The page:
Personalized Badges with HTML/CSS

To create personalized badges with HTMLHTML HTML is an acronym for Hyper Text Markup Language. It is a markup language that is used in the development of web pages and websites. and CSSCSS CSS is an acronym for cascading style sheets. This is what controls the design or look and feel of a site., browse to Tickets > Tools > Generate Badges, or open the CustomizerCustomizer Tool built into WordPress core that hooks into most modern themes. You can use it to preview and modify many of your site’s appearance settings. and click on CampTix HTML Badges. Once you launch the tool, the badges are automatically generated for you, based on the Attendee posts in CampTix.

Below you’ll find an example of what the tool looks like. In the left pane, you can customize the badges, and in the right pane, you can preview them. Each badge has a front side and a back side, which are identical. The back side is shown upside-down, so that it will be printed right-side-up. The front has a mark for punching holes, so that the badges can be hung on lanyards.




The images on each badge are pulled from the attendee’s Gravatar account. If the attendee doesn’t have a GravatarGravatar Is an acronym for Globally Recognized Avatar. It is the avatar system managed by, and used within the WordPress software., a default image will be shown. You can use the Notify tool (Tickets > Tools > Notify) to encourage attendees to create a Gravatar. Make sure to tell them that they need register with Gravatar using the same e-mail address that they purchased a ticket with.

Top ↑

Customizing the Design

You can customize how the badges look by editing the CSS shown in the left-hand pane, and you’ll get a live preview every time you make a change.

The underlying markup has plenty of CSS classes to help with customization.

Here are a few examples of changes you can make with CSS:

  • Create different badges for speakers, sponsors, etc by targeting attendee.ticket-{ticket_slug} and/or{coupon_slug} ; for example, give volunteer badges a different background color, so that they’re easy for attendees to find.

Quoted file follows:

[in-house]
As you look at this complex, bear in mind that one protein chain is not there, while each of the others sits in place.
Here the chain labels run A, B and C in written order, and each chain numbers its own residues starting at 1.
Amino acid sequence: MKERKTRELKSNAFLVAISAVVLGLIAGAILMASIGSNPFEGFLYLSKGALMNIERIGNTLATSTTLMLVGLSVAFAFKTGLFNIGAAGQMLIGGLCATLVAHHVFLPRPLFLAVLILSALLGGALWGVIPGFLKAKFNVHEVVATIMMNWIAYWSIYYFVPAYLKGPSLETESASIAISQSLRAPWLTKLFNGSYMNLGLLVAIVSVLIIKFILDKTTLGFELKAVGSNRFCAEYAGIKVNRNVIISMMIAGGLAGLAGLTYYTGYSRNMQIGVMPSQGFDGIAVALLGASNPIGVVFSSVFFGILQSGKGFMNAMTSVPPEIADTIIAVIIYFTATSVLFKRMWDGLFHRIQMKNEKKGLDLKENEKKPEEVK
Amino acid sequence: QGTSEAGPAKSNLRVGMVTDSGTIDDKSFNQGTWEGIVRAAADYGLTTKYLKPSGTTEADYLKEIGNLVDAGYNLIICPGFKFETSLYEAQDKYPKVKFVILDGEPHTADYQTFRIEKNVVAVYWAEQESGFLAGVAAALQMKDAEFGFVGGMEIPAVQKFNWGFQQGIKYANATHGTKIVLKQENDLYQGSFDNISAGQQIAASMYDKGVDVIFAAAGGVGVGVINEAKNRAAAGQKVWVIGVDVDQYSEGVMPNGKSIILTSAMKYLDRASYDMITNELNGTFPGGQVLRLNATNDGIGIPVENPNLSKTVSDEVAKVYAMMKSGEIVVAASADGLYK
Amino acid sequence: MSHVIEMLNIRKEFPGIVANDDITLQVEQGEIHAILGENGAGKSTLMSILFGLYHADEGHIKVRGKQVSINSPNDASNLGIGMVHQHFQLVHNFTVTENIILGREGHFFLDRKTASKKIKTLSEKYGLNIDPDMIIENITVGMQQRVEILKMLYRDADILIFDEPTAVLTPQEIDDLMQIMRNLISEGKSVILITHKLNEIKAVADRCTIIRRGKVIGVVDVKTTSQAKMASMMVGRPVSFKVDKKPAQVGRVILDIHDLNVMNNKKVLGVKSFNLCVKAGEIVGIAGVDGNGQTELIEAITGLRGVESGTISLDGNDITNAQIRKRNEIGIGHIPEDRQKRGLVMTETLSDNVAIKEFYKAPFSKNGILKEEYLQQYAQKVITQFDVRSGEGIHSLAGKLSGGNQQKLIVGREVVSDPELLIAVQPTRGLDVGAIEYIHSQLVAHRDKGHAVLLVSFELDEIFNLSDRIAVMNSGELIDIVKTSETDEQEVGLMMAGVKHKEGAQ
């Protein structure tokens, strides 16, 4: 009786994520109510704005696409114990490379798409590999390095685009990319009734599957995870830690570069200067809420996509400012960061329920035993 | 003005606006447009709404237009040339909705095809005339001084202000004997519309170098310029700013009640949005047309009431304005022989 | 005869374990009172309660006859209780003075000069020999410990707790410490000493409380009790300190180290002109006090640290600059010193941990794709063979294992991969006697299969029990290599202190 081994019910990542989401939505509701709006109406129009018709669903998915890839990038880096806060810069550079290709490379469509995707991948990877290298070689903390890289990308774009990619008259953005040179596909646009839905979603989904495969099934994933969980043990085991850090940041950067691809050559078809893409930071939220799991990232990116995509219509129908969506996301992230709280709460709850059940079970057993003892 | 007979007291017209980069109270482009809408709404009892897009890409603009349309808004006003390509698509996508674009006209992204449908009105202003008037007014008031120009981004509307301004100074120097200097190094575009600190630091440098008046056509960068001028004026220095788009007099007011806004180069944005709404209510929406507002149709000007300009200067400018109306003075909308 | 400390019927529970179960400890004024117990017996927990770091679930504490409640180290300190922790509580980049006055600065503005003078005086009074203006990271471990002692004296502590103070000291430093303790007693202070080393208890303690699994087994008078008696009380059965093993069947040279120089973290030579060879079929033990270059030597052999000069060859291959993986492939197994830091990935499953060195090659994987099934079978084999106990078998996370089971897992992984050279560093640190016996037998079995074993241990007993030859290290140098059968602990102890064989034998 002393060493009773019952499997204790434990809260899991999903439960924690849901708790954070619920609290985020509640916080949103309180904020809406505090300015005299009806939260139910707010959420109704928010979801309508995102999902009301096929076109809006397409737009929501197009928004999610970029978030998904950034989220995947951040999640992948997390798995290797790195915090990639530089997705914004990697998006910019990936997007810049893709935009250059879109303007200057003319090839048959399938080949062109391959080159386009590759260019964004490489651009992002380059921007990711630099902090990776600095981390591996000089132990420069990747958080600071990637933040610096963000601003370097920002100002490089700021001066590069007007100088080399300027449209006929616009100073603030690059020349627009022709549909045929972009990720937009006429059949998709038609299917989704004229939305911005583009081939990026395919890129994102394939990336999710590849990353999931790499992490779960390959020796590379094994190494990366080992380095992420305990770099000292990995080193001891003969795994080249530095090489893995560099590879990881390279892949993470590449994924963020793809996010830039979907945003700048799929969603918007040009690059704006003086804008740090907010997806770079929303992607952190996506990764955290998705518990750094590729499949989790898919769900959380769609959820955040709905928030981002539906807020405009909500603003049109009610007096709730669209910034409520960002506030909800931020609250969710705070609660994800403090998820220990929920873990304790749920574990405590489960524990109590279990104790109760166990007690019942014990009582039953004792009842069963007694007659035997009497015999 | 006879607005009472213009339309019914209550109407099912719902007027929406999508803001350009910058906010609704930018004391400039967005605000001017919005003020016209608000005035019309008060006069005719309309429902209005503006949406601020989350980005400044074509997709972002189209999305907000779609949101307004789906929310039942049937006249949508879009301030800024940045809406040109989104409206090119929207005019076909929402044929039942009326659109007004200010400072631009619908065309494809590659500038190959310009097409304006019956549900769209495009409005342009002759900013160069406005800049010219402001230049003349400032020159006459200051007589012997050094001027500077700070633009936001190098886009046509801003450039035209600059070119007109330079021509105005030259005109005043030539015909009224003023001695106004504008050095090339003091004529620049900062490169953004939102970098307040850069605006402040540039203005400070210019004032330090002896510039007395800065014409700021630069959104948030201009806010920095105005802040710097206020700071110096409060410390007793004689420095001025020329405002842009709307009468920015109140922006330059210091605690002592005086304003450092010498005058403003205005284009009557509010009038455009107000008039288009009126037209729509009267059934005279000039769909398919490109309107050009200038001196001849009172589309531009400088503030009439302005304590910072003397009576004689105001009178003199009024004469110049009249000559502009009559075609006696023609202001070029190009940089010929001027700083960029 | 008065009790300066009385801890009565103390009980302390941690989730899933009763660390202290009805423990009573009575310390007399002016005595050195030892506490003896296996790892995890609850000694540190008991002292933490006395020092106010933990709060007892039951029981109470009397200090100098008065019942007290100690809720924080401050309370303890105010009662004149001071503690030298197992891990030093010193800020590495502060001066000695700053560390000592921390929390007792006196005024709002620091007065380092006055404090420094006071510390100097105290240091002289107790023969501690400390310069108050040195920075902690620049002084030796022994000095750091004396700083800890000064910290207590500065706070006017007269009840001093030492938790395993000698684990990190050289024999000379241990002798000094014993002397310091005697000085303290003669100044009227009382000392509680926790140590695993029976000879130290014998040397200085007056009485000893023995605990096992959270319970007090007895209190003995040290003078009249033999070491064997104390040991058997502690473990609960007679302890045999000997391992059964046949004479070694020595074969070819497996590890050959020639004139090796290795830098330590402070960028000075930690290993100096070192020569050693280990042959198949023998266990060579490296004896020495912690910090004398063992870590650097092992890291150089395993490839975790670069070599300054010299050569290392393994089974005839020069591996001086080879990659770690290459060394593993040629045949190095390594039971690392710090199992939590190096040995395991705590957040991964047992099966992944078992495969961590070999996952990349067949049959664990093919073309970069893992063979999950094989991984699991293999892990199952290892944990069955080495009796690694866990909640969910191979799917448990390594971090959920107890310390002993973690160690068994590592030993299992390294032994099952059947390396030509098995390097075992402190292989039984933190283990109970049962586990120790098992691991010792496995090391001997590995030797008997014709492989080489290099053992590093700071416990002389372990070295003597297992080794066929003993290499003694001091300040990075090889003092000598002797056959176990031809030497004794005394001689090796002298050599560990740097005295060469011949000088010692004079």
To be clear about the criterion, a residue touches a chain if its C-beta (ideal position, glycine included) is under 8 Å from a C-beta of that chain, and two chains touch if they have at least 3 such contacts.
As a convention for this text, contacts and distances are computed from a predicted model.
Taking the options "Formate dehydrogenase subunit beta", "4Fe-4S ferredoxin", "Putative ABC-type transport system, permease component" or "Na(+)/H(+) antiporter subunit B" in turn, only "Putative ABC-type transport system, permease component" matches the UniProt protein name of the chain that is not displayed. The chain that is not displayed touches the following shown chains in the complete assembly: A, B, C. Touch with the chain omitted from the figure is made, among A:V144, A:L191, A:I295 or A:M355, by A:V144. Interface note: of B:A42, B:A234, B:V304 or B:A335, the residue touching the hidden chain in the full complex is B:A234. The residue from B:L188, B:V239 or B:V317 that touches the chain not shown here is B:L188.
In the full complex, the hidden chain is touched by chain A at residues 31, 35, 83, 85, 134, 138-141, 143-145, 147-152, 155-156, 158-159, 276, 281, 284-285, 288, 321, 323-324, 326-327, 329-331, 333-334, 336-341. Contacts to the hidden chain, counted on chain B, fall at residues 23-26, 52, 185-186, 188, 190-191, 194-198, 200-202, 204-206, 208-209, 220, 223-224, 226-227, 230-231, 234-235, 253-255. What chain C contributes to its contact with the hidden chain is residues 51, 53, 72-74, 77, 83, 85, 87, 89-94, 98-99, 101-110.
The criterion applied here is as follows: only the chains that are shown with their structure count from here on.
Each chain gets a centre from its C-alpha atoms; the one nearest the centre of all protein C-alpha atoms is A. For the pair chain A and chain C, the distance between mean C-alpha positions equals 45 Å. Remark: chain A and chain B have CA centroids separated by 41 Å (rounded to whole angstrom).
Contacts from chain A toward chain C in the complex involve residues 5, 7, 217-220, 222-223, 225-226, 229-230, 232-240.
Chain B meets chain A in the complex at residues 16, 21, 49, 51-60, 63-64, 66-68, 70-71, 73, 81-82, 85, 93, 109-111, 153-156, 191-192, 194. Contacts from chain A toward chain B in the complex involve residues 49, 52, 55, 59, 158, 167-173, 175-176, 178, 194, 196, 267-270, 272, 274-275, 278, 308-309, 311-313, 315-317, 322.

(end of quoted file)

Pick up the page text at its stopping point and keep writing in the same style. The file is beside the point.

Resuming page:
• Tweak badges for specific individuals, by targeting .attendee-{name}; for example, give long names a smaller font size so that they fit on the badge.
  • Give all last names a smaller font size than the first name.

There are also plenty of empty <div> elements that you can re-purpose for arbitrary design features.

The width and height dimensions of each badge are based on 8.5 x 11 pages.

After making your changed, you can hit the Save button to save them. If you want to throw away your changes and switch back to the default design, you can use the Reset to Default button.

Top ↑


Once you’re ready, just click on the Print button and save them as a PDF,  then send that file to a local print shop for printing and cutting. You can check out a sample PDF to get a better idea of what it will look like.

Top ↑


  • Print a sample PDF after you finish customizing the design, and check with your printer to make sure they can print and cut the badges. That way you won’t run into any surprises when it’s time to do the full order.
  • In Firefox’s print options, you can turn on background colors and background images, and also remove headerHeader The header of your site is typically the first thing people will experience. The masthead or header art located across the top of your page is part of the look and feel of your website. It can influence a visitor’s opinion about your content and you/ your organization’s brand. It may also look different on different screen sizes./footer lines.
  • If you accidentally reset to the default CSS, you can restore your previous CSS by clicking on the CSS textarea and then using the control-z keyboard shortcut.

Last updated: